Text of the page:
Nadine Cunningham and her five-year-old son Ryker Voss help to sort hampers at the Smithers Community Services Association Christmas food hamper depot last year. (Marisca Bakker photo)

Nadine Cunningham and her five-year-old son Ryker Voss help to sort hampers at the Smithers Community Services Association Christmas food hamper depot last year. (Marisca Bakker photo)

Christmas hamper program ramps up

Organizers still ironing out details, but the 30-year old tradtion will continue

Preparations for the upcoming Smithers Community Services Association Christmas Hamper Program have begun, but details are still being worked out.

The program has been running for more than 30 years and provides food, the ingredients for a Christmas dinner, toys and books. Each year, around 300 hampers go out, benefiting roughly 1,000 people from Witset to Telkwa. Around 30 per cent of those people are children.

Program coordinator Anne Harfenist said they aren’t sure what this year will look like because of the ongoing health pandemic, but organizers are pushing forward to try and bring some Christmas cheer to those who might not otherwise have any without a hamper.

She is expecting more applications for hampers and less donations to come in.

However, most events that raise money and donations leading up to the Christmas hampers being put together have been cancelled.

“I’m an optimist,” she said, hoping people will still give. “Some people are hurting and they have to take care of themselves. I don’t know if the schools will collect food like they normally do, we don’t know. We will get food and toys to people in need. It might not be as great as previous years but maybe the community will step up and it’ll be phenomenal.”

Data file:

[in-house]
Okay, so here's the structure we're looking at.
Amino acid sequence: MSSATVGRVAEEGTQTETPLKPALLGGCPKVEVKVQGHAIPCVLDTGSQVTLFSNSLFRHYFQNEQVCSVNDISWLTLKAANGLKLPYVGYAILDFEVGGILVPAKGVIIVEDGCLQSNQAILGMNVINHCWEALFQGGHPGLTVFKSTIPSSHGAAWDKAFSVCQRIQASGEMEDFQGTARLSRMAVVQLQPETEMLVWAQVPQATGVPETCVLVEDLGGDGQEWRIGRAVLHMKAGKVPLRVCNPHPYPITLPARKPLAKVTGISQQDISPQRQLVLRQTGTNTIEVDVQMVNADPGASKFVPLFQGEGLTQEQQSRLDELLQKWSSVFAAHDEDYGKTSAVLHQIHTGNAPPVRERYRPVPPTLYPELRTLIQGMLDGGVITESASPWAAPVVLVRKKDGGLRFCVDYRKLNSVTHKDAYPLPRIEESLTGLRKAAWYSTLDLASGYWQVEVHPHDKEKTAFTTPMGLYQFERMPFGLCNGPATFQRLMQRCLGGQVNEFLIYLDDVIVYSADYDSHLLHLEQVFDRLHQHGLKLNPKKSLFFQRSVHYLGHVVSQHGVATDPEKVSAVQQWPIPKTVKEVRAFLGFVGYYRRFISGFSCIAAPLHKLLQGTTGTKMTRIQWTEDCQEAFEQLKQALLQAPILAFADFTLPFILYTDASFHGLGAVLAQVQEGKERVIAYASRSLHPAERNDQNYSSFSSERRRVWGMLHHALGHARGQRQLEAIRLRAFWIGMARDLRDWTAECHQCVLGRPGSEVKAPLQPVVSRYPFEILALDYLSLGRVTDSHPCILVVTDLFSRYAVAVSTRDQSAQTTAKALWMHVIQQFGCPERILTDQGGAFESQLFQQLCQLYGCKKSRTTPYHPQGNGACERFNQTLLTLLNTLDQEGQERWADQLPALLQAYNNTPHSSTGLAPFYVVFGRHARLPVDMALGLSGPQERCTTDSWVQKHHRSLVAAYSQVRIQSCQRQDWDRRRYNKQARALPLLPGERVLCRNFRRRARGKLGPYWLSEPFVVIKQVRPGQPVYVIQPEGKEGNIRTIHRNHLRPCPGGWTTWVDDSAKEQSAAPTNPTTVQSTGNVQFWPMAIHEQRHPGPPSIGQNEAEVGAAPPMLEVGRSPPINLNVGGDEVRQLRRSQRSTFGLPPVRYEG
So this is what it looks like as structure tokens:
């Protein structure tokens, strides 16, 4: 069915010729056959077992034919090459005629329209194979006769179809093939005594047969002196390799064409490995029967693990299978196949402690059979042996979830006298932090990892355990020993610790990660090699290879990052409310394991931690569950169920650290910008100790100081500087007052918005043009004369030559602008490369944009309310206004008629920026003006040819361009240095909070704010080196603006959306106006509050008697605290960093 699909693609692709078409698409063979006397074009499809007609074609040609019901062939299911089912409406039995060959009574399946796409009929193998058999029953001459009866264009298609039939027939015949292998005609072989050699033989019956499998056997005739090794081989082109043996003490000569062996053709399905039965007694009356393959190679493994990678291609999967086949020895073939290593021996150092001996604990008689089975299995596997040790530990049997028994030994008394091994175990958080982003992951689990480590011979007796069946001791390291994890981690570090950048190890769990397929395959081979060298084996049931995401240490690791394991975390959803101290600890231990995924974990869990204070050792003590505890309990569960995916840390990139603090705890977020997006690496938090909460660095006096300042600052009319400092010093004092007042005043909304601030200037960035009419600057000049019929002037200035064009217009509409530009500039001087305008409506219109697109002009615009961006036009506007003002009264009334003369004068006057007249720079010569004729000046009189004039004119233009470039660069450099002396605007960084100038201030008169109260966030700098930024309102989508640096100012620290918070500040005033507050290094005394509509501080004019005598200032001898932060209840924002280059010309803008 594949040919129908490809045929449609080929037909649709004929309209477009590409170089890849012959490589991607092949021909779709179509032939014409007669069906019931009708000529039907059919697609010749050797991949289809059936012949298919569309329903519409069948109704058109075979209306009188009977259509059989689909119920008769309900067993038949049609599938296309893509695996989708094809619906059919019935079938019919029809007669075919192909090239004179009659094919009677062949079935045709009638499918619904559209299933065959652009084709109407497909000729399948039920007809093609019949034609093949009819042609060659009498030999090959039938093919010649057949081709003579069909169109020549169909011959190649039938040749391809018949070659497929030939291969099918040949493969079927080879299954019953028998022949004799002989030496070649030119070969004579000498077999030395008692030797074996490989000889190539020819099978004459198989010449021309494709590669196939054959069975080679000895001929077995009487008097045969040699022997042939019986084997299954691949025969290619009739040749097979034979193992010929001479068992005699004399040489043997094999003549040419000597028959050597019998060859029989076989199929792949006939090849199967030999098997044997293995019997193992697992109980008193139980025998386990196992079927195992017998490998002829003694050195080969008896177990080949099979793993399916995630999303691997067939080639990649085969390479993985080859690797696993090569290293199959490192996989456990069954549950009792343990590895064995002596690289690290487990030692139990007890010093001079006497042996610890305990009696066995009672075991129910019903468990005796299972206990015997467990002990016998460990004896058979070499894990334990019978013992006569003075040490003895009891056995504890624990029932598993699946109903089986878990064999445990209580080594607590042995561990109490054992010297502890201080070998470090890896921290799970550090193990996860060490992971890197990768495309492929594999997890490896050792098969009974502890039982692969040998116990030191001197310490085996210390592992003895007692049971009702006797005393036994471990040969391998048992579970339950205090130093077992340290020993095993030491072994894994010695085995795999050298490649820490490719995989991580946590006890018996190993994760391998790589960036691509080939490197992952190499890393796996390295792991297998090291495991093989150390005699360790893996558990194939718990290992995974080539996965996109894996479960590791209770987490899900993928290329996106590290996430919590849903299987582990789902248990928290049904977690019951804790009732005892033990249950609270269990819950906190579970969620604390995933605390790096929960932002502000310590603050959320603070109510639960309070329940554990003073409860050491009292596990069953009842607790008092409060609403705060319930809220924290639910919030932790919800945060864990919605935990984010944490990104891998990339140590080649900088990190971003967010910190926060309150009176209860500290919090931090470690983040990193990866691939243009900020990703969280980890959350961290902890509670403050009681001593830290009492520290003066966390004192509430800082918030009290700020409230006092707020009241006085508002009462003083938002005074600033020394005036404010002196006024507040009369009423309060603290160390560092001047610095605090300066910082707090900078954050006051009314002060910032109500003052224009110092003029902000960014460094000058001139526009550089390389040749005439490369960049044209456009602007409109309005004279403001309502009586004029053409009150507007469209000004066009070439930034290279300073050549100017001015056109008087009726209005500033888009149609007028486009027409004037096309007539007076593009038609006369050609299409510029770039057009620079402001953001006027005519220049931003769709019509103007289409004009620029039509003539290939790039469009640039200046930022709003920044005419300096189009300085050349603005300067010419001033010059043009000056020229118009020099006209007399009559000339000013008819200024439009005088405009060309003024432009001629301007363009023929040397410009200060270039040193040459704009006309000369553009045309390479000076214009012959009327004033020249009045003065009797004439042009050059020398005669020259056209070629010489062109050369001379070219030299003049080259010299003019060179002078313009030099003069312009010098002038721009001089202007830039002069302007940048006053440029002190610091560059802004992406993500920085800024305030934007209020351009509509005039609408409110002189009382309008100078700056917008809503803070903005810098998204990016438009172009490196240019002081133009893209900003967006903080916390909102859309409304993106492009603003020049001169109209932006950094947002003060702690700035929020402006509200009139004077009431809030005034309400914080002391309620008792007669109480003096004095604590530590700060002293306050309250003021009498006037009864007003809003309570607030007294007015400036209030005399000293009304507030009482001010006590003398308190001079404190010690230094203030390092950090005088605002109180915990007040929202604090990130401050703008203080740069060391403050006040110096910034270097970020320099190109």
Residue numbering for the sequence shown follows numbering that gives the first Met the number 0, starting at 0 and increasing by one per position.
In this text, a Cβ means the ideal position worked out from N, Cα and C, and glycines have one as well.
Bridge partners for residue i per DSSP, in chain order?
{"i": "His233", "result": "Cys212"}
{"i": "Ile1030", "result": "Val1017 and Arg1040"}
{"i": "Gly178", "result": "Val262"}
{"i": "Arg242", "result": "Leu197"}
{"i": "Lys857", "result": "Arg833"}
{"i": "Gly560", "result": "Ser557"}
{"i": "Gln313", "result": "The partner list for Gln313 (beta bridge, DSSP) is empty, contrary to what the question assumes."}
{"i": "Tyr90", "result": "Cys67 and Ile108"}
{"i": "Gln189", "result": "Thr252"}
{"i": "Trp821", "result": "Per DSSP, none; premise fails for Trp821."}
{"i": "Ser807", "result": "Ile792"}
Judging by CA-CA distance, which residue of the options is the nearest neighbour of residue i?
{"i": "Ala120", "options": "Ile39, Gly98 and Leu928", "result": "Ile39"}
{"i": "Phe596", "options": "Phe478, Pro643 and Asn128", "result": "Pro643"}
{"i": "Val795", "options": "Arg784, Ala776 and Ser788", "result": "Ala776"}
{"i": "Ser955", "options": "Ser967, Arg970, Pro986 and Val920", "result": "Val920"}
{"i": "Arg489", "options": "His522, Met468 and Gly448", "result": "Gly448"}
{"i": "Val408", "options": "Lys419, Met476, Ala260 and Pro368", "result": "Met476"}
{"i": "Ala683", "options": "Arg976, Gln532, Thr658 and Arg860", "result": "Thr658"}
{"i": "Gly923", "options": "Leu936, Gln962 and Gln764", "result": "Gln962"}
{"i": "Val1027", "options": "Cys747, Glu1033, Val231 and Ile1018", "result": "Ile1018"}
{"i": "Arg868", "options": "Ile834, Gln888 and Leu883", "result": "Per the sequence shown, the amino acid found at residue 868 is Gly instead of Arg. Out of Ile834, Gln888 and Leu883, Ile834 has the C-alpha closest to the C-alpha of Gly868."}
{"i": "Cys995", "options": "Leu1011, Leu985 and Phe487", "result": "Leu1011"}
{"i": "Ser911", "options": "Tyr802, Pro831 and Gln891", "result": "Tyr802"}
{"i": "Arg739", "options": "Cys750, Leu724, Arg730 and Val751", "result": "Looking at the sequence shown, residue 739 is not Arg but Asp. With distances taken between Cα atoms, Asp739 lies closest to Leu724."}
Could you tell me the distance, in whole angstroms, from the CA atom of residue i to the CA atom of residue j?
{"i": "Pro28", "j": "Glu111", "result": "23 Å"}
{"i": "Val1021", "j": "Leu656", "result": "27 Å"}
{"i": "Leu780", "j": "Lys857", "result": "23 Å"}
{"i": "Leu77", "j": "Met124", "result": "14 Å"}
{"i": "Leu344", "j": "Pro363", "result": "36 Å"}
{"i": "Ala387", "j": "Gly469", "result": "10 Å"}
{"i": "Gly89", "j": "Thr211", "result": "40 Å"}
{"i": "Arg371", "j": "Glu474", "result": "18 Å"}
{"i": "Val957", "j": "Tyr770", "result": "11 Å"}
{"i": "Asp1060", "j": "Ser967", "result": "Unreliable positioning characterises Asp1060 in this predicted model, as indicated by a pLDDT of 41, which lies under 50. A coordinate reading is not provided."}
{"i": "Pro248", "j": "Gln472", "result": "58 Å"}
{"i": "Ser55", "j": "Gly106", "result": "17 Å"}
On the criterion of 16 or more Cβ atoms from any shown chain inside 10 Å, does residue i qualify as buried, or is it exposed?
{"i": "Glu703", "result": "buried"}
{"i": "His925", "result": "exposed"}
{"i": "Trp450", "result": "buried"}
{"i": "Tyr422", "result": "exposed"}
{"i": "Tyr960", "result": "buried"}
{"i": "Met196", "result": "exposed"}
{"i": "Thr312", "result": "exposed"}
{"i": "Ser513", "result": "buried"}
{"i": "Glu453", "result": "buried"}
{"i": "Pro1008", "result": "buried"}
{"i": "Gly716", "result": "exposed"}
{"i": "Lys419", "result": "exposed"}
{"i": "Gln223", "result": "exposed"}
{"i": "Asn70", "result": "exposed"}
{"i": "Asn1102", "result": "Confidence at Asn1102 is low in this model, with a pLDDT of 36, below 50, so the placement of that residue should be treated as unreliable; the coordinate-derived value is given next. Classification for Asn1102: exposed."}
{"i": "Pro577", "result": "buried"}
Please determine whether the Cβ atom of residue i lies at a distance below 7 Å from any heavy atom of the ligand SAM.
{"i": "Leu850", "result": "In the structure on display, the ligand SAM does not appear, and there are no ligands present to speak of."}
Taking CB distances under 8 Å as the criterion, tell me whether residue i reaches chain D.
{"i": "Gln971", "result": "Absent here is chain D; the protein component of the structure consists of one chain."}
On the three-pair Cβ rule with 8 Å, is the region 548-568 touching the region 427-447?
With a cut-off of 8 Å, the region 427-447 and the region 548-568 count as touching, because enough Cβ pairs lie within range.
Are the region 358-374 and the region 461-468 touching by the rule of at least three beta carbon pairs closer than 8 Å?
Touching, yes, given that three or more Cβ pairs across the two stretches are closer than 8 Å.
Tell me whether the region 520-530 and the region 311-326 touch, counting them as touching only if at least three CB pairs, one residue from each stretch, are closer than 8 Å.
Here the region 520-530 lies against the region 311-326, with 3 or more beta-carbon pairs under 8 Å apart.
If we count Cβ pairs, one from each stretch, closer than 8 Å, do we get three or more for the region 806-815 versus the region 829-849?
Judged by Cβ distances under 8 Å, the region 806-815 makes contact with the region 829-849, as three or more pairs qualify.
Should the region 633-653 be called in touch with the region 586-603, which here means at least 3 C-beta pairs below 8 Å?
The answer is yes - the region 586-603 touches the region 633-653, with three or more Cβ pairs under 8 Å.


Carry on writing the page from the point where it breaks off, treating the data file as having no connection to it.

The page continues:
She added there is still an unknown on how the program will go.

“The Harley owners groups cancelled their toy run, which normally brings in a lot of toys but they decided to give money instead and then Sam Henderson at Eye Candy held a barbecue to bring in toys to help make up for it.

“That is incredibly nice and helps us a lot. So we just don’t know what the balance will be between lost donations and people stepping up.”

COVID safety protocols also mean they will have to use less volunteers and school groups won’t be coming into the depot to help organize.

Organizers are still finalizing the details of the location for the depot, but it normally opens December 1. Hampers this year will go out the weekend before Christmas.

The application process has also changed slightly. Forms can be faxed in and organizers are developing a form for people to text them in. There will also be some way of applying in person but those details are also still being worked out.

Applications will be accepted starting Nov. 16. More information can be found at: www.scsa.ca/programs/other-services/christmas-hampers​